I beg to move, in page 2, line 40, at the end, to insert:
Provided that the Secretary of State shall at least fourteen days before serving the notice give to the occupier a statement of the grounds on which his opinion is based and shall afford to the occupier a reasonable opportunity of making representations as to the accuracy of the statement.
The Amendment arises as a result of representations made by the hon. Members for Hertford (Mr. Walker-Smith) and Rushcliffe (Mr. Redmayne), and is a very valuable addition to the Clause. The Bill made no provision for any appeal from a decision taken by the Home Office inspector, and on reconsideration of the Bill it was felt that some provision should be made to give the manufacturer the right of appeal on the grounds of complaint which are made known to him. The Amendment will enable the manufacturer to be given by the Home Secretary the grounds upon which it is intended to
proceed against him following an adverse report by the inspector, so that within a period of 14 days he can consider the statement of the case against him and make such representations as he thinks fit to the Home Secretary.
Therefore there will be ample opportunity as a result of this Amendment for him to state his case, and for it to be considered, before the Home Secretary decides whether or not to determine his licence. After that process of consideration of an appeal, will begin the seven days' notice provided for in the Bill, as against a mere seven days' notice without any provision of appeal at all. This Amendment certainly improves the Bill and tempers the justice of the right of inspection with mercy.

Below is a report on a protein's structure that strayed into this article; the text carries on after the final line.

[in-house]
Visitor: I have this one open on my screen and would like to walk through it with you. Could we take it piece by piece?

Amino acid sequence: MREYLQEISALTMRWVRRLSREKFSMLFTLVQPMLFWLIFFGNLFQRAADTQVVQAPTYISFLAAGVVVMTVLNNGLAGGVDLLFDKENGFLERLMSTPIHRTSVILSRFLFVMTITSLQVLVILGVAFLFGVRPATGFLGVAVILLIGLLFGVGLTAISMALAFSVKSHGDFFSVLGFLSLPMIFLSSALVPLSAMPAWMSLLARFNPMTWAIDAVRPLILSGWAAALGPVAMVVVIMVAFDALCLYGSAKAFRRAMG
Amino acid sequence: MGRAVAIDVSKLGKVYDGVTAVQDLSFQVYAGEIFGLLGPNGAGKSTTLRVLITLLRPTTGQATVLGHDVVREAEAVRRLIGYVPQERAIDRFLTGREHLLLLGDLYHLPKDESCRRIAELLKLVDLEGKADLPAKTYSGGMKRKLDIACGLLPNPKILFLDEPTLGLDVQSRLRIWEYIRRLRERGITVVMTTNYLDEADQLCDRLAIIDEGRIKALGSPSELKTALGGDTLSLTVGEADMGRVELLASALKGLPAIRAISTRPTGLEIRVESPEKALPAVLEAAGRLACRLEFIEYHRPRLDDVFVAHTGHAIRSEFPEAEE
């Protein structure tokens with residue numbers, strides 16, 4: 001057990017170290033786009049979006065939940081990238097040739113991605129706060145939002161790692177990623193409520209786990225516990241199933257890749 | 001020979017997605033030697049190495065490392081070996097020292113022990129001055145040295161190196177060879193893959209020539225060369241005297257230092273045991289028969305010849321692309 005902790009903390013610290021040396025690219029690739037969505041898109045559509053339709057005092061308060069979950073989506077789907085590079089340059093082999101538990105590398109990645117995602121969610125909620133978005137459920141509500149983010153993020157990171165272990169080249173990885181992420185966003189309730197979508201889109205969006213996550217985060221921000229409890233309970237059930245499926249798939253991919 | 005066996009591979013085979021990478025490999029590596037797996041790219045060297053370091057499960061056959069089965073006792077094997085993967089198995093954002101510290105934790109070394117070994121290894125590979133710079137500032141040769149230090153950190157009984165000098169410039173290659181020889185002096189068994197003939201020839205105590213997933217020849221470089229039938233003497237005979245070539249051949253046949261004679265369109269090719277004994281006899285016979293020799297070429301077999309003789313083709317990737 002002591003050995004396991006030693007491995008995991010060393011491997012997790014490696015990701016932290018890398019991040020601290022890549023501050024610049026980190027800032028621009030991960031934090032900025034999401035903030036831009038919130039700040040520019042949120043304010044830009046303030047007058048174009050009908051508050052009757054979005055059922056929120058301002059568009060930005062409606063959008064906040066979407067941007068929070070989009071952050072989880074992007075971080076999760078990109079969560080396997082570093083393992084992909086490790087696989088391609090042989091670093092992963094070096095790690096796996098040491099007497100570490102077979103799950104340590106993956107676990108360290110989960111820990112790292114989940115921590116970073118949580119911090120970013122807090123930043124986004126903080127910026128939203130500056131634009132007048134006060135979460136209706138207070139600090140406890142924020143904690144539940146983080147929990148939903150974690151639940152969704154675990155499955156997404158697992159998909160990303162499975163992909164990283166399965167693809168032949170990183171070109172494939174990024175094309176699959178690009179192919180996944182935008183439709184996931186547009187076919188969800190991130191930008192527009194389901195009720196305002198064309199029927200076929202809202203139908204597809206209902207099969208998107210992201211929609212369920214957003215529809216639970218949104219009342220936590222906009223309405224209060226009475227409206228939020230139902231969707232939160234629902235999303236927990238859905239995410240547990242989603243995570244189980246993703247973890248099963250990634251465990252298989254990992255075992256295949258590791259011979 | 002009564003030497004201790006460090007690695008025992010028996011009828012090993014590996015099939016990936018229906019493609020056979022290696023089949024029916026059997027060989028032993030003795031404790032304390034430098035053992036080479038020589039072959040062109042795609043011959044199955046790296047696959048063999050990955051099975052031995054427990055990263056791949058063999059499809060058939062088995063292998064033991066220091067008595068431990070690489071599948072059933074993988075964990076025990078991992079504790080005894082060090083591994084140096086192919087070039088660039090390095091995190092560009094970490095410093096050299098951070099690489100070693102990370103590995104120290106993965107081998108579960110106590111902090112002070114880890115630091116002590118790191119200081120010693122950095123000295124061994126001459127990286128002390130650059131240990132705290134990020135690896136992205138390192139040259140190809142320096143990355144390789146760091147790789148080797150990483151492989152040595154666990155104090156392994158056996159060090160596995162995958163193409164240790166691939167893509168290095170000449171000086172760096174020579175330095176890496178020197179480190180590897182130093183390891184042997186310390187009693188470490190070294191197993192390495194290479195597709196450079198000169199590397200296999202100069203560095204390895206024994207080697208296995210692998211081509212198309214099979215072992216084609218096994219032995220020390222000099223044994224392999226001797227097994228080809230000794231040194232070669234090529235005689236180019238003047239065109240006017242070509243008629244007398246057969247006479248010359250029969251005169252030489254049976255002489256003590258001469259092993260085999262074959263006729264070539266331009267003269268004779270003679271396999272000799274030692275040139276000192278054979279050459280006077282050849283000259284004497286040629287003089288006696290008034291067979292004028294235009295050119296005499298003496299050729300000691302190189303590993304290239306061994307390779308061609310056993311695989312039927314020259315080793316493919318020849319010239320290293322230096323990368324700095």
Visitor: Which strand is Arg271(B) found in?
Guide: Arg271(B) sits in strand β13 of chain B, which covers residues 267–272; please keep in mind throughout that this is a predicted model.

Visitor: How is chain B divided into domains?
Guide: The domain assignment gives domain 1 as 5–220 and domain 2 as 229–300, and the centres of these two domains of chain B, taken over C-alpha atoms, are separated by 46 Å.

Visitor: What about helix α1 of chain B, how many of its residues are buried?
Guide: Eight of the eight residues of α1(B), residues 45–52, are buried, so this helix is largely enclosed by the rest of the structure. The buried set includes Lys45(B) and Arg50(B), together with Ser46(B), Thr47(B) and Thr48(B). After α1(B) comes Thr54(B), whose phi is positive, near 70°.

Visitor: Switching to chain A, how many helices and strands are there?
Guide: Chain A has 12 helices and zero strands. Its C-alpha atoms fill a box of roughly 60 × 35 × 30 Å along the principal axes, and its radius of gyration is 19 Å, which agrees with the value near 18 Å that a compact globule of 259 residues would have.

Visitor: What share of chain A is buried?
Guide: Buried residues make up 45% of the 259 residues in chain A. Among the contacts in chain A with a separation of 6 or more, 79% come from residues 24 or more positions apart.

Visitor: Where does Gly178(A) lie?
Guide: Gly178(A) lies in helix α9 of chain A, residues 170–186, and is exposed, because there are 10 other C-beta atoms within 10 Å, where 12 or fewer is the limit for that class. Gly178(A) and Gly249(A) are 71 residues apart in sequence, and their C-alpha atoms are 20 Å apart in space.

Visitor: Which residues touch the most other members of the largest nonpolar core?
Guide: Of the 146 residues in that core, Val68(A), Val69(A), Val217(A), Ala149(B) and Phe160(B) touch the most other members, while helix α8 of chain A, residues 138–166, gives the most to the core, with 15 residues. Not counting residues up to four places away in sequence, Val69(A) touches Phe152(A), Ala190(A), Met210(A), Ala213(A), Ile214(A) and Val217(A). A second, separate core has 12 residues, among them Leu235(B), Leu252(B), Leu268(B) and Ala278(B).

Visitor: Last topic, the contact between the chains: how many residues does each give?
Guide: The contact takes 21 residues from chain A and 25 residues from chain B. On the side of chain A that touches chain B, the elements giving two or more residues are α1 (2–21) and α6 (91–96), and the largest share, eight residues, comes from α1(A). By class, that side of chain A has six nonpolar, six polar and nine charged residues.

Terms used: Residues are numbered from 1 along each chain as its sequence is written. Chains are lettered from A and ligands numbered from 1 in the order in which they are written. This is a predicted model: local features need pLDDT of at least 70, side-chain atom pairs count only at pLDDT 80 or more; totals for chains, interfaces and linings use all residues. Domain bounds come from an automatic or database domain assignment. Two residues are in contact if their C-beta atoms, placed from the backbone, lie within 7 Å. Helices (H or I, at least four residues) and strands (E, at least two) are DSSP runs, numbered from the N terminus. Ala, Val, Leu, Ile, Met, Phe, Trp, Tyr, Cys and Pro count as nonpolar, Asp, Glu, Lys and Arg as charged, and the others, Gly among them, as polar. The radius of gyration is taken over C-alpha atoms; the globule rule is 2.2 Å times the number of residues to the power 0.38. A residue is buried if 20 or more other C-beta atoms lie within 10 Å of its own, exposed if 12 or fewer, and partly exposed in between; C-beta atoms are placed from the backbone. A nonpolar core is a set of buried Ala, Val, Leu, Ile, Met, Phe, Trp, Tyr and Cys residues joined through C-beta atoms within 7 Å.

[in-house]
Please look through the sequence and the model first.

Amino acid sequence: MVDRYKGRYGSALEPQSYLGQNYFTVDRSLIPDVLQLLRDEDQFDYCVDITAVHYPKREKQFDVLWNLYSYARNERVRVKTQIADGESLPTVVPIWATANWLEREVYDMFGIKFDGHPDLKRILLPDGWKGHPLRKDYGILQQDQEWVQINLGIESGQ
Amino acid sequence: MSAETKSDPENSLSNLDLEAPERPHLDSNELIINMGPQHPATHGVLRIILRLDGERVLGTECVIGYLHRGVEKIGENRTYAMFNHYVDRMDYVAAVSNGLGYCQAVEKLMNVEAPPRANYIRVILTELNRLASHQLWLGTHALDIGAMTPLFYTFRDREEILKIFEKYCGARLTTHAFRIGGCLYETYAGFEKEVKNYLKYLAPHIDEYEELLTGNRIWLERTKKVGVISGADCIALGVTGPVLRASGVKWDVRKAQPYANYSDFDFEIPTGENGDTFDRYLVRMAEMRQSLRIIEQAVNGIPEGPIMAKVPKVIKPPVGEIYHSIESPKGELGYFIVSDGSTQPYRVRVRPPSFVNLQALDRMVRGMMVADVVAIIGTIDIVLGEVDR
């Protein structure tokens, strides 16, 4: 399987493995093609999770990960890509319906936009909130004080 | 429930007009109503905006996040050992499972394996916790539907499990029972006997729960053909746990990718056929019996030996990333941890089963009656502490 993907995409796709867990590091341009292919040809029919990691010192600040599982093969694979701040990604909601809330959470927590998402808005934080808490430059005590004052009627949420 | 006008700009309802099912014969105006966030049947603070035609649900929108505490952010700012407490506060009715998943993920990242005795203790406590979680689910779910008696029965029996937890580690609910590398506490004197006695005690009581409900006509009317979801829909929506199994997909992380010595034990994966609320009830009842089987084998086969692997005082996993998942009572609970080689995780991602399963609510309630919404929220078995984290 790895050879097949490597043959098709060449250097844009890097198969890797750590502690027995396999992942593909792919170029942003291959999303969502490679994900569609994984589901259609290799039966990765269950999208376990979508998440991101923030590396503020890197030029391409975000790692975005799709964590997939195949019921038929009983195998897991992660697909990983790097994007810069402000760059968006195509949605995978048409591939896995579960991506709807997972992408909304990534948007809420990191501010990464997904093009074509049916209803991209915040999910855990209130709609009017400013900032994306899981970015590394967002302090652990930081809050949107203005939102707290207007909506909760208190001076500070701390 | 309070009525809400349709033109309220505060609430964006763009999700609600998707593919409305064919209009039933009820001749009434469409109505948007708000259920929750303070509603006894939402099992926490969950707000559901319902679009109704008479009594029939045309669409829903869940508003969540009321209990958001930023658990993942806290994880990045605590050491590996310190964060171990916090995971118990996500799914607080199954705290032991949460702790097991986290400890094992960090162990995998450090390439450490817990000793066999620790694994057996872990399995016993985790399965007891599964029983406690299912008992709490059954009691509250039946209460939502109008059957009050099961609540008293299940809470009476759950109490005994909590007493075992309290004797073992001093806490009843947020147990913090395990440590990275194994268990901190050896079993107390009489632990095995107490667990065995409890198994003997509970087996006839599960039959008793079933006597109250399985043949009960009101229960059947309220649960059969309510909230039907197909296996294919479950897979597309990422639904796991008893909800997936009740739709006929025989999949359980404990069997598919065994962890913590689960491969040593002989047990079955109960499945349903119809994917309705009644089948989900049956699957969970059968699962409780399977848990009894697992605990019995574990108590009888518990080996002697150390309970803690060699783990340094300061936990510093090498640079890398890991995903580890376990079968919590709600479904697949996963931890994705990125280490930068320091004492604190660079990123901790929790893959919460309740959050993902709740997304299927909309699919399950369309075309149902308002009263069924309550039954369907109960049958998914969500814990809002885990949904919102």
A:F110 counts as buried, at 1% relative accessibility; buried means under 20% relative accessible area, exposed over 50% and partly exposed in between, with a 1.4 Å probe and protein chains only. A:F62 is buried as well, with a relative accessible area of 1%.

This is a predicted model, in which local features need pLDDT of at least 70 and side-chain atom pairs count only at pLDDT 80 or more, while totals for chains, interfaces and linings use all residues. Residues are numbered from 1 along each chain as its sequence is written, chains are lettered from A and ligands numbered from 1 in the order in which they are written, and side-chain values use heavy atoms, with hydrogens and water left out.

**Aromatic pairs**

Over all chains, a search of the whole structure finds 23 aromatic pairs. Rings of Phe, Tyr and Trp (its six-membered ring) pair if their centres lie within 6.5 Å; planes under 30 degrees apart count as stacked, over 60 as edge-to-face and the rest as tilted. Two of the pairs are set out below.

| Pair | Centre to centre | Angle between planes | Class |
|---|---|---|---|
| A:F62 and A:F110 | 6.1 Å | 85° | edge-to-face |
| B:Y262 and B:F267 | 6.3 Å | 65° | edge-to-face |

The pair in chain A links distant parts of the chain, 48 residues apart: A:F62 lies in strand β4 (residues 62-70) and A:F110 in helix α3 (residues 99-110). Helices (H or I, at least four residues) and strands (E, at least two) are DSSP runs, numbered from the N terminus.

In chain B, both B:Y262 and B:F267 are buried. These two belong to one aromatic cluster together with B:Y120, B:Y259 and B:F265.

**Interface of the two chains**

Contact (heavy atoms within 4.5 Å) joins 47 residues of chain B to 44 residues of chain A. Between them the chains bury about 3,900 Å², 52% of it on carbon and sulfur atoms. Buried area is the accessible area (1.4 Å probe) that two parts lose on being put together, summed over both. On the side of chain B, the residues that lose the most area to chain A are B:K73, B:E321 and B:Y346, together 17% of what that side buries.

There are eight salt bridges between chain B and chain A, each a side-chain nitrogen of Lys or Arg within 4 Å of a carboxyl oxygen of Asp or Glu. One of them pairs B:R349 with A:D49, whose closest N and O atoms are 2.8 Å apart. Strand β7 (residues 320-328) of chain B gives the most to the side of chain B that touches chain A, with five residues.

Surgeon Lieut.-Commander Bennett:
I beg to second the Amendment.
It has been felt by many that the procedure which could be adopted against a manufacturer or dealer under suspicion was somewhat harsh and liable to be immoderate, and that the rights of the citizen were inadequately protected if he were perfectly innocent. This Amendment may be commended to the House as removing any doubts about the rights of the citizen, who, under it, will have time and opportunity to defend himself from the charges brought against him.
Clause 2 (1) is subject to the Amendment which we have adopted to Clause 1, and which runs right through the Bill. Therefore instead of the words, "in the hands of the public" it will now be "in the possession of the public" as originally determined on the first Amendment to the basic Clause of the Bill.